80th Venice Film Festival Opens Amid Hollywood Strikes
The world's oldest and most prestigious film festival, the Biennale, is celebrating its 80th anniversary this year. However, its opening was less glamorous than usual due to ongoing strikes by Hollywood actors and writers. As a result, there were noticeably fewer familiar American faces on the red carpet this time, as reported by the Hollywood Reporter.
Nevertheless, European productions will take centre stage, as reported by DW. T-shirts replaced the sparkle of the red carpets, and Hollywood stars steered clear of the event as they supported the writers' strike, according to The Guardian.
The Biennale festival marks the start of the awards season and regularly gathers top Oscar contenders. Eight out of the last eleven winners of the Best Director category at the Oscars had films that debuted at the Venice Film Festival.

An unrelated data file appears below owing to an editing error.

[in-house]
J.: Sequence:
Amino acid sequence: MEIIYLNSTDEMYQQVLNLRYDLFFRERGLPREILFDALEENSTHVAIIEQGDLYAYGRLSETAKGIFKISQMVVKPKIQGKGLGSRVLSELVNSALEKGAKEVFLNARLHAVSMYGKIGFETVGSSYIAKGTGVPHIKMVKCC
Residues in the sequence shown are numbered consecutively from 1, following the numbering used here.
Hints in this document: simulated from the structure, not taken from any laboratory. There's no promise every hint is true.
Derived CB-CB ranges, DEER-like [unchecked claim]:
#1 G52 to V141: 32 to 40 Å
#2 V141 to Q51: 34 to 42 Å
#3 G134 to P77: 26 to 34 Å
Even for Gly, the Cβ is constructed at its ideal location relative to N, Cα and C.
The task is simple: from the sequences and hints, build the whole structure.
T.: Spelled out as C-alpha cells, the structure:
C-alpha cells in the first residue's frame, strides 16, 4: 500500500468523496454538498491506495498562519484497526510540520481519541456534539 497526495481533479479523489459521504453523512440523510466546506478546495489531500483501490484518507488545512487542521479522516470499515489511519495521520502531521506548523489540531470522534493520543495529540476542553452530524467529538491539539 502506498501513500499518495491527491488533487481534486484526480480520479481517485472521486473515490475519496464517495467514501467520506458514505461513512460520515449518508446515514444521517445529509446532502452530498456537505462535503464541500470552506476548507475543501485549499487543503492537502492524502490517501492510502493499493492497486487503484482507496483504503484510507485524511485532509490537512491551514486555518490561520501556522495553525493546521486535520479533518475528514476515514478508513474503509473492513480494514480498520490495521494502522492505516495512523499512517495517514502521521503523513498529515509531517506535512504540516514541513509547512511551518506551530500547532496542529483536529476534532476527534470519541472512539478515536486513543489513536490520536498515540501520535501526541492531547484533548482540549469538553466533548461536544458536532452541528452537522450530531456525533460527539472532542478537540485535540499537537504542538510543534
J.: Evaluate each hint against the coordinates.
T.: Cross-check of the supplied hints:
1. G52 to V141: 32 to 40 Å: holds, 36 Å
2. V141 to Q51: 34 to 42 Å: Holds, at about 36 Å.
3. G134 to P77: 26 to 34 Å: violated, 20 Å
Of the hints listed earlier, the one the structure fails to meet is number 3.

It is safe to say that the world's oldest film festival has lost some of its shine this year due to the ongoing strike by actors and writers, which has brought Hollywood to a standstill, preventing stars from promoting their films, including on the red carpets and in interviews.
However, a few participants from this year's most popular films, such as Michael Mann's 'Ferrari' starring Adam Driver and Penelope Cruz in leading roles, and Luke Besson's 'Dogman' with Caleb Landry Jones, received a temporary break from the SAG-AFTRA union strike to engage in the promotion and advertising of their films at the festival.
It is expected that Adam Driver, who plays the lead role in Michael Mann's 'Ferrari,' will fly in and participate after the film received an exception for being shot outside the major Hollywood studio system. He was seen at the picket line and reportedly plans to wear a union T-shirt under his tuxedo.
During the festival's opening press conference, members of the jury, including directors Damien Chazelle, Martin McDonagh, and Laura Poitras, were also seen wearing bold T-shirts with the message: 'Writers Guild is on Strike!'
The most optimistic way to assess the consequences of the strikes is to hope that the absence of content from Hollywood studios creates space for independent and foreign films to fill the void. However, the core U.S. film industry may suffer irreparable damage.